NEW YORK (GenomeWeb News) – Exposure to xenobiotics affects the makeup of the human gut microbiome and what genes it expresses, researchers from Harvard University reported in Cell today.
By combining a number of techniques, including flow cytometry and 16S rRNA sequencing, Harvard's Peter Turnbaugh and his colleagues characterized the active portion of the human gut microbiome and studied how it reacted to perturbations from antibiotics and other drugs targeted to the human host.
"Short-term exposure to xenobiotics not only alters bacterial physiology, but also significantly alters the structure of the overall microbial community and each physiological fraction, in addition to gene expression," Turnbaugh and his colleagues wrote. "These responses may provide some clue as to which microorganisms, genes, and pathways are involved in xenobiotic metabolism and as to how the gut microbiota resists damage from these molecules."
Over the course of nine months, the researchers examined the microbiota contained within 21 fecal samples from three unrelated people. The microorganisms in the samples fell into four broad physiological subsets — cells with a loss of membrane integrity, cells with a loss of polarity, and cells with either high or low nucleic acid content. The levels of nucleic acid correspond to active and less active subsets, the researchers said, and the active subset comprised a little more than half of the microbiome.
Then by combining fluorescence-activated cell sorting and 16S rRNA sequencing, the researchers identified the microorganisms present in each of those physiological categories — finding that the active portion of the gut microbiome contains a distinct set of microorganisms that is dominated by the Firmicutes phylum, particularly Clostridiales.
Then focusing on the active microbiome, the researchers sought to determine how it responds to antibiotics as compared to host-targeted drugs. Antibiotics, particularly ones targeted to cell walls like ampicillin, had a great effect on the active microbiome, and led to differences in the microbial community structure, the number of damaged cells, and temporal variation. Drugs targeted to the host, like digoxin, did not have such effects.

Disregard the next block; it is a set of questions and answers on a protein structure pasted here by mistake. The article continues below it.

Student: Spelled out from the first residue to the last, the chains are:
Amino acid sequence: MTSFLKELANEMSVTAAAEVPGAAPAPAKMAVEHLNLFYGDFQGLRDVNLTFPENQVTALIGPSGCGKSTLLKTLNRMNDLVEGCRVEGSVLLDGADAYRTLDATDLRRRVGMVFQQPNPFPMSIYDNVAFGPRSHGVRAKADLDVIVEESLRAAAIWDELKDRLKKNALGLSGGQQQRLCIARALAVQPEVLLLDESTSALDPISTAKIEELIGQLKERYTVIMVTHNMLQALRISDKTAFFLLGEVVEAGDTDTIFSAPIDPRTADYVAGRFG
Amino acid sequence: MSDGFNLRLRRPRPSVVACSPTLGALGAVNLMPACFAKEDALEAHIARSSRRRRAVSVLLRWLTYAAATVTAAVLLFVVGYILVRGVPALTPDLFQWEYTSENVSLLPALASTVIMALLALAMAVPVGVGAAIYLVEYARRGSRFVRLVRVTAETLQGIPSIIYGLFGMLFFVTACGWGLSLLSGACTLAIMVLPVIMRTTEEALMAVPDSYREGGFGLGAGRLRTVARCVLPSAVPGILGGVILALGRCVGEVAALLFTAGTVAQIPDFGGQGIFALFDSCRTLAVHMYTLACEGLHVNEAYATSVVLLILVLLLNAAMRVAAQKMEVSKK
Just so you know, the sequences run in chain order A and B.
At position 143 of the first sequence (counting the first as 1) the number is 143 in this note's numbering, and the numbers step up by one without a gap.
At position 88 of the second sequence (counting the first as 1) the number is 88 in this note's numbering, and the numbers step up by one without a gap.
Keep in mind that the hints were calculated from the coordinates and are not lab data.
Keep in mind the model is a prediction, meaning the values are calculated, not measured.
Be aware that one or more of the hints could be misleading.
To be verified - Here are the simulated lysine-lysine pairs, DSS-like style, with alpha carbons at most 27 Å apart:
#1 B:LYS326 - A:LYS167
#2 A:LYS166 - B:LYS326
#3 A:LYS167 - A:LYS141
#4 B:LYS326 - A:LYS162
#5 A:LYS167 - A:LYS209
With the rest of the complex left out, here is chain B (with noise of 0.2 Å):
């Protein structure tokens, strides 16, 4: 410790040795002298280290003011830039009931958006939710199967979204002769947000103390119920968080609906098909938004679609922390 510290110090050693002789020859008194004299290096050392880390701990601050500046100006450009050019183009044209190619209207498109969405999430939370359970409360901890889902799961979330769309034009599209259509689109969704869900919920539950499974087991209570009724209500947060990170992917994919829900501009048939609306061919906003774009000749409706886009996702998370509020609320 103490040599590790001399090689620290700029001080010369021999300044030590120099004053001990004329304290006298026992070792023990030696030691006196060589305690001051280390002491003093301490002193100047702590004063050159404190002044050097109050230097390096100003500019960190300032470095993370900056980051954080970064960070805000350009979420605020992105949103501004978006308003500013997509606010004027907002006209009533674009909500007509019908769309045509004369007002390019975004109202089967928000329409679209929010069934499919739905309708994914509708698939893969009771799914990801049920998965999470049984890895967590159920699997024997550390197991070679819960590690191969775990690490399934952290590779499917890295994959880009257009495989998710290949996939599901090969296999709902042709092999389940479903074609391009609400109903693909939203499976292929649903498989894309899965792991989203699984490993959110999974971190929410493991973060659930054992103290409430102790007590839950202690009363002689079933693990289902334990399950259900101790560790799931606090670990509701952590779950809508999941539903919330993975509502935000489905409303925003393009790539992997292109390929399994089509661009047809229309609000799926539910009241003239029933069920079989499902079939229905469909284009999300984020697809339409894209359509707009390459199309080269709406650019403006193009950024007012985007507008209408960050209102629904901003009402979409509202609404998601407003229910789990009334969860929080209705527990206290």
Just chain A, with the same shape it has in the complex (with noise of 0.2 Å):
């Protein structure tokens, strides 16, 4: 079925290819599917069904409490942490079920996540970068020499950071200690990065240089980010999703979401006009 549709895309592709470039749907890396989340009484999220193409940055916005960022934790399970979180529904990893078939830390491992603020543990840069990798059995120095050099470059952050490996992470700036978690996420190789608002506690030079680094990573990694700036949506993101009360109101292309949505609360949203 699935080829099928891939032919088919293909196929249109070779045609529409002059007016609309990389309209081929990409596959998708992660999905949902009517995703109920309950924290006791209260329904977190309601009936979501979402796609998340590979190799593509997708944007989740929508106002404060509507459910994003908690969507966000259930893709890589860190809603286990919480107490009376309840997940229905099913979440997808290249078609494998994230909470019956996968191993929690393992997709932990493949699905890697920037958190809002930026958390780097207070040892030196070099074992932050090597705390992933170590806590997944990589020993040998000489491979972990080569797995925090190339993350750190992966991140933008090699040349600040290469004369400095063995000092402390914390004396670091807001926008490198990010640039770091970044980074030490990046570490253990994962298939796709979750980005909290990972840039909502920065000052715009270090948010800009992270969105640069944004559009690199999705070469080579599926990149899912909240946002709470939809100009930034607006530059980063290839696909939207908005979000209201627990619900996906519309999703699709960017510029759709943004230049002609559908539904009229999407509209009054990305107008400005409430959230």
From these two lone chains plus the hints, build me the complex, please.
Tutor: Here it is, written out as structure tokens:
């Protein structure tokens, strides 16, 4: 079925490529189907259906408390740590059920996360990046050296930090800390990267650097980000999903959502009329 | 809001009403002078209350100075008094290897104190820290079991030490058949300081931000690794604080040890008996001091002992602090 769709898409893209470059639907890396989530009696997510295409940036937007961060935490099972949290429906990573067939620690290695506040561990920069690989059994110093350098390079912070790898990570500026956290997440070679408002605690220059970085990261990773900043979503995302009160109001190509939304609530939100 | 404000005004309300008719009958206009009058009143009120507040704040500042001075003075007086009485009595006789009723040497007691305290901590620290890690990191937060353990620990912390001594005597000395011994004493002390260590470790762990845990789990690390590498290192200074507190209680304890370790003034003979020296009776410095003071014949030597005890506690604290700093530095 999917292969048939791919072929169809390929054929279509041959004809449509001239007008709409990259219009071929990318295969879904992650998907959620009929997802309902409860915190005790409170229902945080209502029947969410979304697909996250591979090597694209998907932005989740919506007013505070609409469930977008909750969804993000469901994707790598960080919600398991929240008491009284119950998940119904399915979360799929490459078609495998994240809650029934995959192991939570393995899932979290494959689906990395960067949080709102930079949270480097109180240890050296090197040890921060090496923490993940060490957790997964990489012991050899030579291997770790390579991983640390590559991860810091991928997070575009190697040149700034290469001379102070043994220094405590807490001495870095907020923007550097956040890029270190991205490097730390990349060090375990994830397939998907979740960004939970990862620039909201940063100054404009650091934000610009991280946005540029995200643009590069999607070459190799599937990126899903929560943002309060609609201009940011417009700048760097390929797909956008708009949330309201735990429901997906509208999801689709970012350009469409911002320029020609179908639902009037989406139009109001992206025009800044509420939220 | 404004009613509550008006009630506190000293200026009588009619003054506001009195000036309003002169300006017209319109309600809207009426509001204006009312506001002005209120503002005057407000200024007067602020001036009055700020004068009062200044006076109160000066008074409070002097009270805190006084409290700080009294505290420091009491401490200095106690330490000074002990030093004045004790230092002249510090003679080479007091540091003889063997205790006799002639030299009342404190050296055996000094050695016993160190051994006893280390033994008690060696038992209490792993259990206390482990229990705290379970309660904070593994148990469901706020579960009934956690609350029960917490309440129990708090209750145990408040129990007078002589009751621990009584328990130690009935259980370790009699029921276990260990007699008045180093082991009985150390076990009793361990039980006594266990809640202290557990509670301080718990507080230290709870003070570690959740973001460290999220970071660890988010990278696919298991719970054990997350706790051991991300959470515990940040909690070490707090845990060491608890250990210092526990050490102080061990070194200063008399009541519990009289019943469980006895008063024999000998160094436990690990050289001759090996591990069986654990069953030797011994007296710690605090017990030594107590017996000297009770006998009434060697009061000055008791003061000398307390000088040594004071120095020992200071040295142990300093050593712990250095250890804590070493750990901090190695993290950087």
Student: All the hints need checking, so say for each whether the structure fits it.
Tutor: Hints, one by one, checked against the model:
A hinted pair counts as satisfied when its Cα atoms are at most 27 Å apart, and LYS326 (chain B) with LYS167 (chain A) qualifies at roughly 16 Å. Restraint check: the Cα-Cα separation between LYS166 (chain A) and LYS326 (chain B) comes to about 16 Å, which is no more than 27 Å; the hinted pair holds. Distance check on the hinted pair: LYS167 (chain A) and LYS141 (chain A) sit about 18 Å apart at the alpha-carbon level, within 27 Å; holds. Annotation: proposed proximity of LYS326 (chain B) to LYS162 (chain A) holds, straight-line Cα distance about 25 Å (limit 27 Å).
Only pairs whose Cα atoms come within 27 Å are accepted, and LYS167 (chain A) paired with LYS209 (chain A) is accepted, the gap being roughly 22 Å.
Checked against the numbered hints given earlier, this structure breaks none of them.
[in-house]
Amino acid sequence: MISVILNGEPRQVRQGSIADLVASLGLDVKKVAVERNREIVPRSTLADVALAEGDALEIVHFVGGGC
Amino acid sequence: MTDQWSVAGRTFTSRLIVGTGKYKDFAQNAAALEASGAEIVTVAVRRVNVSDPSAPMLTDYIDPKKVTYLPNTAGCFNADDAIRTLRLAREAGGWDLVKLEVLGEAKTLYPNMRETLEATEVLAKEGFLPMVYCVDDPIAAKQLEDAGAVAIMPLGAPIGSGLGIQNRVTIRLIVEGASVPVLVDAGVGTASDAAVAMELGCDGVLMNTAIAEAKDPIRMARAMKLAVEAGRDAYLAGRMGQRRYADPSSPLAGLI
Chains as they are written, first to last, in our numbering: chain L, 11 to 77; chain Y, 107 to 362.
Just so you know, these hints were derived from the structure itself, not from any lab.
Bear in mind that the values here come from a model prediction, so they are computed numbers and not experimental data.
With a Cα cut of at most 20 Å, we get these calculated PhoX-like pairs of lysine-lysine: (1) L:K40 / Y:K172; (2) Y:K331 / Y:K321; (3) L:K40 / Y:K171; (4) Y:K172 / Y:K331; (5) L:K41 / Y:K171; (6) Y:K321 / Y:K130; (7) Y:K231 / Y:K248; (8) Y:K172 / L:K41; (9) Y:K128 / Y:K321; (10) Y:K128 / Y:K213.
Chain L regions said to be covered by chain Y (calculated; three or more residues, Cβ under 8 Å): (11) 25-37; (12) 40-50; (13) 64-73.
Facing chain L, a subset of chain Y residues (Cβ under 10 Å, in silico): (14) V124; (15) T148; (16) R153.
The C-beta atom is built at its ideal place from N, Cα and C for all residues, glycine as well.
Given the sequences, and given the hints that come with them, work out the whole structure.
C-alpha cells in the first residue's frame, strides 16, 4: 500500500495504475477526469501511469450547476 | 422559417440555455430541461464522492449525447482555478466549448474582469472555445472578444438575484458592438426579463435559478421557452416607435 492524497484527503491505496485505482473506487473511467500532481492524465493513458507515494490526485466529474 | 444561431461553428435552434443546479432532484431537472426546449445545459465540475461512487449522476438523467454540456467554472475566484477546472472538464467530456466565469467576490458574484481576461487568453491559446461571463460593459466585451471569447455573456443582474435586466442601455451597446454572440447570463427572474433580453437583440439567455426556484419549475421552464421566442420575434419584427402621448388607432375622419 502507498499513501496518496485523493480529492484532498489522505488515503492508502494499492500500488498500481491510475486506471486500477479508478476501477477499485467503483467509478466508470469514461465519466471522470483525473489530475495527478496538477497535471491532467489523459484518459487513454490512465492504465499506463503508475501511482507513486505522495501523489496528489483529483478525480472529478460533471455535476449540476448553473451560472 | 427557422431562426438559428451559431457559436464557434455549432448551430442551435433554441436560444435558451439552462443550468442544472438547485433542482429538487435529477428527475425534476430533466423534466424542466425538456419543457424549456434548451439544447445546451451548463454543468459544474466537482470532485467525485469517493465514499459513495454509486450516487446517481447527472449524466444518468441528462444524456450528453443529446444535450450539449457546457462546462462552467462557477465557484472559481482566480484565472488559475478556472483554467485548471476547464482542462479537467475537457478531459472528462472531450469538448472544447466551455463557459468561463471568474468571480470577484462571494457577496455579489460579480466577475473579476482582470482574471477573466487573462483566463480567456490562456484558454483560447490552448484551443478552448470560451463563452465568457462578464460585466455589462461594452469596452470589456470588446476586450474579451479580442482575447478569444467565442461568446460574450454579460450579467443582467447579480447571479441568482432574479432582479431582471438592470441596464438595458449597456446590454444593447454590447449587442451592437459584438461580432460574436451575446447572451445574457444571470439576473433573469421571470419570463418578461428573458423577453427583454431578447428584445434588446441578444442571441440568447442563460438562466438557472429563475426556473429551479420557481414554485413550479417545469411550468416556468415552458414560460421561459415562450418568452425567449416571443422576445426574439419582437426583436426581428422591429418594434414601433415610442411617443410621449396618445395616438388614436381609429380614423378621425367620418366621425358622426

Additionally, the researchers looked at how antibiotics and other drugs affected gene expression throughout the microbiome. Using RNA-seq, they found that antibiotic treatment led to increased transcription of tRNA biosynthesis-, translation-, and phosphate transport-related genes. Other drugs induced expression of membrane transport, the pentose phosphate pathway, and xenobiotic metabolism/biodegradation genes. Further, they noted that antibiotic exposure also led to the expression of genes involved in stress response, including antibiotic resistance genes.
"Elucidating the underlying mechanisms for xenobiotic resistance and metabolism in the active human gut microbiome will not only provide insight into host-microbial interactions and biochemistry, but may also provide indications for unexplained patient-to-patient variations in drug efficacy and toxicity," Turnbaugh and his colleagues wrote.